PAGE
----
That’s why TED-Ed leads workshops at EF’s Global Leadership Summits. At these Summits, students and educators are tasked with creating and presenting real-world solutions to global challenges, such as environmental sustainability and society’s relationship with technology. And in the TED-Ed workshops, students learn how they can best share their ideas on these important topics, with the idea that they’ll return home and have an even greater impact on the world.
We chatted with Marisa for her take on building empathy, spreading ideas, and developing thought-provoking questions for students.
How does TED-Ed’s mission come to life at an EF Summit?
At the Summit, the students are on this journey together; the energy is buzzing and it feels like the perfect time to reflect and write down a clear idea. They’ll be at their tables, sharing what they each care about, and the conversations will steer toward observations they’ve made during their travels. One student noted how, on their EF tour in Amsterdam, everyone was biking and not using straws or plastic bags. Noticing this meant they cared. And now they can ask, “What perspective can I bring to this? How can I take these observations and impact my own community?” Everyone has their own unique voice, and TED-Ed loves to help shape them through these conversations.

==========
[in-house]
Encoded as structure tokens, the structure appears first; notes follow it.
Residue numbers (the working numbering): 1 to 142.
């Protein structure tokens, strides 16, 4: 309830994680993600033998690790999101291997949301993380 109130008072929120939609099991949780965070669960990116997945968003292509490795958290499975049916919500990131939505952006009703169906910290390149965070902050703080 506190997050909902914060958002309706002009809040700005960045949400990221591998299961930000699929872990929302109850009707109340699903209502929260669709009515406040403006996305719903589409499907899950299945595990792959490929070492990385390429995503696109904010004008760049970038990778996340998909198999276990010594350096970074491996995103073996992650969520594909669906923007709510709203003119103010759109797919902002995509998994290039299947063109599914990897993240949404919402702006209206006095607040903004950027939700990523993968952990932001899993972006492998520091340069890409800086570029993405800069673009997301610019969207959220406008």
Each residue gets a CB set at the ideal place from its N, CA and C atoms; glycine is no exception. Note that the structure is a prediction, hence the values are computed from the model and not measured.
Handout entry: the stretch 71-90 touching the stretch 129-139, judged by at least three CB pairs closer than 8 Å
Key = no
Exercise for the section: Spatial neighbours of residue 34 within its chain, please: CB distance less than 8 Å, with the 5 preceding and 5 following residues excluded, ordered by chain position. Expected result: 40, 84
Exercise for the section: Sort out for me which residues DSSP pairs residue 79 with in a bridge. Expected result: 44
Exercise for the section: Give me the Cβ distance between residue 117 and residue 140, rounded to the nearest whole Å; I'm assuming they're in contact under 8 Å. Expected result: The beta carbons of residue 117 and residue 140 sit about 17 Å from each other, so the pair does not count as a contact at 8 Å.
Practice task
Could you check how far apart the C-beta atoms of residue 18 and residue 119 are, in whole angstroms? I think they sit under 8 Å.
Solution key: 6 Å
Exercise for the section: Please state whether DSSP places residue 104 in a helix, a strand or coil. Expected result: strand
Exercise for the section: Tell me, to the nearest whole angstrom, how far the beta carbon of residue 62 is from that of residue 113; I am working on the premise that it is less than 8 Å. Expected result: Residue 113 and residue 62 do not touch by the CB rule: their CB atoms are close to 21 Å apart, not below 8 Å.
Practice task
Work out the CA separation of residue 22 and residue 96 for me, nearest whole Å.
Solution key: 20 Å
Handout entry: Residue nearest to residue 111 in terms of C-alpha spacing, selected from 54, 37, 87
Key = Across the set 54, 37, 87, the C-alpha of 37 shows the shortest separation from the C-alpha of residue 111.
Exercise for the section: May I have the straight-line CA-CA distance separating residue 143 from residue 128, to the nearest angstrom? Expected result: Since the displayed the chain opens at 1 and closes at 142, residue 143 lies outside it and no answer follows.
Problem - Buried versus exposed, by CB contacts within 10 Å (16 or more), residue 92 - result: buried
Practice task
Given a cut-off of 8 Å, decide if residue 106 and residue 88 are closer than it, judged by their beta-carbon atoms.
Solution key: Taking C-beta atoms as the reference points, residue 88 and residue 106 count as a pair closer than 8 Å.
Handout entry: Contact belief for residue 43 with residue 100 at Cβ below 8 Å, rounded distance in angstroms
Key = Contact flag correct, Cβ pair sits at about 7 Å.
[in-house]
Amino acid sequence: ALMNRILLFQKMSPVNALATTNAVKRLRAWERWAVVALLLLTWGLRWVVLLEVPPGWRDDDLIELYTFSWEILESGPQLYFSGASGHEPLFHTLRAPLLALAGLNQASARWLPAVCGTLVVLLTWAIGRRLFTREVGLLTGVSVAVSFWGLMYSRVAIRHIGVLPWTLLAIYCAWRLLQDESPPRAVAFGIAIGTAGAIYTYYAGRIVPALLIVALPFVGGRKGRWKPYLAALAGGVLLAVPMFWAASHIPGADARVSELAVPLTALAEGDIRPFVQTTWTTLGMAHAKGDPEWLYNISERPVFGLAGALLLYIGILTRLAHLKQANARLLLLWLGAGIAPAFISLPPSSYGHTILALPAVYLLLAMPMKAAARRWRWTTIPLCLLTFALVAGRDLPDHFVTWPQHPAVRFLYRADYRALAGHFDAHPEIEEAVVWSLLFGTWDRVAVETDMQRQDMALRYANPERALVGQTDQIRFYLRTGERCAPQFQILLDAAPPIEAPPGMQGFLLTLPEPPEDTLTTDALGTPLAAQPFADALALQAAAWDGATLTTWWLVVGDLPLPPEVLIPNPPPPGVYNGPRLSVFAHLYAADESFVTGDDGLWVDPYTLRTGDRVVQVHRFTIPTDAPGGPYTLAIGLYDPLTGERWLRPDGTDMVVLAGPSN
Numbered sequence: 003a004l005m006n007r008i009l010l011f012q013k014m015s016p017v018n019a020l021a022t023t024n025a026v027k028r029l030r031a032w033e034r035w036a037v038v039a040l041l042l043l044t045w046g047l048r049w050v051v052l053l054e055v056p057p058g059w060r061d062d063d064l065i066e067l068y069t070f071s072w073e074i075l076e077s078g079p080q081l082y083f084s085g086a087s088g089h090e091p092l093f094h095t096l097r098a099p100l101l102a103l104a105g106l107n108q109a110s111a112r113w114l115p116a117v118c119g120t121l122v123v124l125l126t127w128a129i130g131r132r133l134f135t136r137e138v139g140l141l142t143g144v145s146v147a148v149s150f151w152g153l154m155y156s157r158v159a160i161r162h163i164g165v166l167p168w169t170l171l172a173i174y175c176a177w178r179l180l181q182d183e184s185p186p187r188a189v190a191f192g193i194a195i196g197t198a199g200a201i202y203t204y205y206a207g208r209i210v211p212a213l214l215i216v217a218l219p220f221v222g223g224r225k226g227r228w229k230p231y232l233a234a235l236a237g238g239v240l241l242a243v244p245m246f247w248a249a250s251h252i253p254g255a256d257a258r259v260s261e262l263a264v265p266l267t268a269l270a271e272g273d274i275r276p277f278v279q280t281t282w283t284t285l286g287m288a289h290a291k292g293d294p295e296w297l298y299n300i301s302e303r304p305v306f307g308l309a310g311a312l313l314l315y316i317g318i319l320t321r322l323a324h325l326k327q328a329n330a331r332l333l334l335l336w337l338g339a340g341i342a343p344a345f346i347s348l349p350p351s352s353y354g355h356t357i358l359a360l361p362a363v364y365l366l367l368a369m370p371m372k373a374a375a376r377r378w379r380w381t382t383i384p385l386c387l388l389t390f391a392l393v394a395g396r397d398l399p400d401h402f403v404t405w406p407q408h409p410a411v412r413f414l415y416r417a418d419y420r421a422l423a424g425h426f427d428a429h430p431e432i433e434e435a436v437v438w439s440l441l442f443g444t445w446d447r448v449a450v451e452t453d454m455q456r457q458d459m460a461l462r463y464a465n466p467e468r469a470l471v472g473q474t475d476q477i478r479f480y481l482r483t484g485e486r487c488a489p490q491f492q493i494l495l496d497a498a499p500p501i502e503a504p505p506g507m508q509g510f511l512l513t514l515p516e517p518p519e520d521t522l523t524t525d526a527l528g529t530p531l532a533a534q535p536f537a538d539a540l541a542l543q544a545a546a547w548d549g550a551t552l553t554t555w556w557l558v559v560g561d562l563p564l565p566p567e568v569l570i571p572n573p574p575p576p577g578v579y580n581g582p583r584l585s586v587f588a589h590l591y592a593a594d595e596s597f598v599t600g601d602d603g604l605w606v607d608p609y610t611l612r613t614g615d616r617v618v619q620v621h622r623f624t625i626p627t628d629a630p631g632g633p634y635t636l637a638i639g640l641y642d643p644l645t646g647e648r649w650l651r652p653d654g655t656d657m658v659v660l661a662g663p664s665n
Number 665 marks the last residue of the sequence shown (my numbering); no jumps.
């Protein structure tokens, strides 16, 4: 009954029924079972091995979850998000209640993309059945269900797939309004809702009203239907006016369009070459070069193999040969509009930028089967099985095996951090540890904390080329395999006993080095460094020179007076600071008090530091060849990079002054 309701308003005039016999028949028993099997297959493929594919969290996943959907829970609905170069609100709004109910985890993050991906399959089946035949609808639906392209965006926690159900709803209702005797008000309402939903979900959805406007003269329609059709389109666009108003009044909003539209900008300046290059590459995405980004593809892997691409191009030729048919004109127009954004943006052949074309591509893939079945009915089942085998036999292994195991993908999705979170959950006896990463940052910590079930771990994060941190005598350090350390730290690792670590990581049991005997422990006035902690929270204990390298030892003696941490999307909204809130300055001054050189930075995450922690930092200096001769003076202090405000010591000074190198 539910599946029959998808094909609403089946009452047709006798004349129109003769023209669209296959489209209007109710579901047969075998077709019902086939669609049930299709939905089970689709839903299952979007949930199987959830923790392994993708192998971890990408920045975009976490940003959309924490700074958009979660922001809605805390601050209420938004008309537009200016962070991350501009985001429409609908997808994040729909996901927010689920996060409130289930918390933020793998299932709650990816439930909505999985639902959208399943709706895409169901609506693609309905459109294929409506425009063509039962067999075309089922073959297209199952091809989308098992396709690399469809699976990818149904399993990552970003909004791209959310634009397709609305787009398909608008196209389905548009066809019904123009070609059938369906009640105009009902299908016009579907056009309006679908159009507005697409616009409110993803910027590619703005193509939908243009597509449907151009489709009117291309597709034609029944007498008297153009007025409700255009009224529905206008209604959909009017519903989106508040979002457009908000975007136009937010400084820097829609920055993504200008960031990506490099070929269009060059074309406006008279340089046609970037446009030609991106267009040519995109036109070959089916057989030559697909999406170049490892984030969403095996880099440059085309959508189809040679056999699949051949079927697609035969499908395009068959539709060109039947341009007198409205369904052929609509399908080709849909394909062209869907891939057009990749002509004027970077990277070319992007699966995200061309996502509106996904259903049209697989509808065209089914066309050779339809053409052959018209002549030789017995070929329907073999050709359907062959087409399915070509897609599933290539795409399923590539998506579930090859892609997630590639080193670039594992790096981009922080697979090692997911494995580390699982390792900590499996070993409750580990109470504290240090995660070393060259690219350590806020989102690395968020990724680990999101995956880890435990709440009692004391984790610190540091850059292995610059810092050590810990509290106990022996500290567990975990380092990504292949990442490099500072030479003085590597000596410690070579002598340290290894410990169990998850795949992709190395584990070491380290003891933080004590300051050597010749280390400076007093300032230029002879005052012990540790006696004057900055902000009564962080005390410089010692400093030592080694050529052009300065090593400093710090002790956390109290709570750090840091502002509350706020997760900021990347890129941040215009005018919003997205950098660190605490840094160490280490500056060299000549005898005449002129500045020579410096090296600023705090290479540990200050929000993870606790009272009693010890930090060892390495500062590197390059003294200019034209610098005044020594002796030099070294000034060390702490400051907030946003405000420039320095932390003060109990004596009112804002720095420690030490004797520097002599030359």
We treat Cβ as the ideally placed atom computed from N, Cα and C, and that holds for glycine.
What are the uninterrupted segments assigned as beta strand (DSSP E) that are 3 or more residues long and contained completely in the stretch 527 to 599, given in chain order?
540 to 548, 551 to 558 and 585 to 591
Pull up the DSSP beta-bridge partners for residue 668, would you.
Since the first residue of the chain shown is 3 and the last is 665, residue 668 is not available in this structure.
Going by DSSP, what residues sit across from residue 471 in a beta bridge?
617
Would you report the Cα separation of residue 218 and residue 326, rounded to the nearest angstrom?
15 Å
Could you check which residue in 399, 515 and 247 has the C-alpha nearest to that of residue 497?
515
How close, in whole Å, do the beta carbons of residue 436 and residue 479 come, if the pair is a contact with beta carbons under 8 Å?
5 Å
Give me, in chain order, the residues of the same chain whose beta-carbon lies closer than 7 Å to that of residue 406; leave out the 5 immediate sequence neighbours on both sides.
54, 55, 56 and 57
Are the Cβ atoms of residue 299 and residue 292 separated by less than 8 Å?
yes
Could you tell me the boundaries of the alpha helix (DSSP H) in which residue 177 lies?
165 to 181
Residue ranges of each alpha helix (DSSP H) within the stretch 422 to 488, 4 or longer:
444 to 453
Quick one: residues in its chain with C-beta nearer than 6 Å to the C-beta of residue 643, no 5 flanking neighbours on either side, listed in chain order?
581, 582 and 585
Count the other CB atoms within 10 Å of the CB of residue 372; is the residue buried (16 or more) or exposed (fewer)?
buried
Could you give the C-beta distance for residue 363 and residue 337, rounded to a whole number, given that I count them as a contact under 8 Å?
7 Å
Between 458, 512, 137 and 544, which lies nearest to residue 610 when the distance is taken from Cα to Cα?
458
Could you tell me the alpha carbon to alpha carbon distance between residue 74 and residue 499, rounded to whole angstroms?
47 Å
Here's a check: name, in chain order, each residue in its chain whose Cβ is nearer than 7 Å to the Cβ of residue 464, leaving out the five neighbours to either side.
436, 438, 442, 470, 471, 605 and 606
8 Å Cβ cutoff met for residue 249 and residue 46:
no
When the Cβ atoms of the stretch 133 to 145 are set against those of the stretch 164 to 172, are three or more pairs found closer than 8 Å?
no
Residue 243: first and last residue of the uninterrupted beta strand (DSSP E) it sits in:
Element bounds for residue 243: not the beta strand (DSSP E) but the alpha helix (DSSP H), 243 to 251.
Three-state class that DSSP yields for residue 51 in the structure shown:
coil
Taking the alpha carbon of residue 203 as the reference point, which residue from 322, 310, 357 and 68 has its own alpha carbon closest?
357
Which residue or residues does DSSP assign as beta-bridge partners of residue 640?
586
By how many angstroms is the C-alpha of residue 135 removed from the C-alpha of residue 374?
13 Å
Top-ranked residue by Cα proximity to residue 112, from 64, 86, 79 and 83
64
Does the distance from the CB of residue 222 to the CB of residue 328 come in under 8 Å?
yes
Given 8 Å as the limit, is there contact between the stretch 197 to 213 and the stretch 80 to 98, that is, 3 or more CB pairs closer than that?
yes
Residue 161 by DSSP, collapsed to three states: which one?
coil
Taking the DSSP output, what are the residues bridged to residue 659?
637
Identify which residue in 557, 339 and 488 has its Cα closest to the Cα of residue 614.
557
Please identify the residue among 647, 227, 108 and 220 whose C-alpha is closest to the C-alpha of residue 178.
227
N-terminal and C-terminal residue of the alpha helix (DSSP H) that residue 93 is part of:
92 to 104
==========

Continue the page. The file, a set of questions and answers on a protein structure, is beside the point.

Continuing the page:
What does having a wide range of experiences bring to these conversations?
When you’re in a room with a hundred 16- and 17-year-olds, there are so many different ideas about their relationships with their friends and family, their health, the environment, their education and more. And I think the process of developing your own ideas is made even stronger by hearing other people’s different ideas. A ripple effect happens, and empathy is a huge skill we hope students will build through this process.
A group of students sharing experiences at the EF Global Leadership Summit in Berlin.
How do you hope to see students and teachers approach storytelling during and after your workshop?
At the core of what we do, there’s the idea that anyone, at any time, anywhere, has an idea worth spreading. People always say, “Give people a voice,” but I like inviting as a better term. We’re inviting them to share. It’s not saying, “You have a voice now.” It’s saying, “You’ve had a voice, and now you have a place to share it.”
What advice do you have for teachers looking to develop thought-provoking questions for students and hoping to amplify the voices of a diverse classroom?
Students aren’t always really asked what they’re passionate about so directly, but when a teacher uses the TED-Ed Student Talk curriculum, developing ideas together can change the relationship between any teacher and student. It sounds simple, but getting together and having the conversation of, “Who are you, and what do you care about?” is a powerful starting point.
Our EF Global Leadership Summits are full of exploration, introspection, collaboration, and thought-provoking questions for students to dream up their own answers to.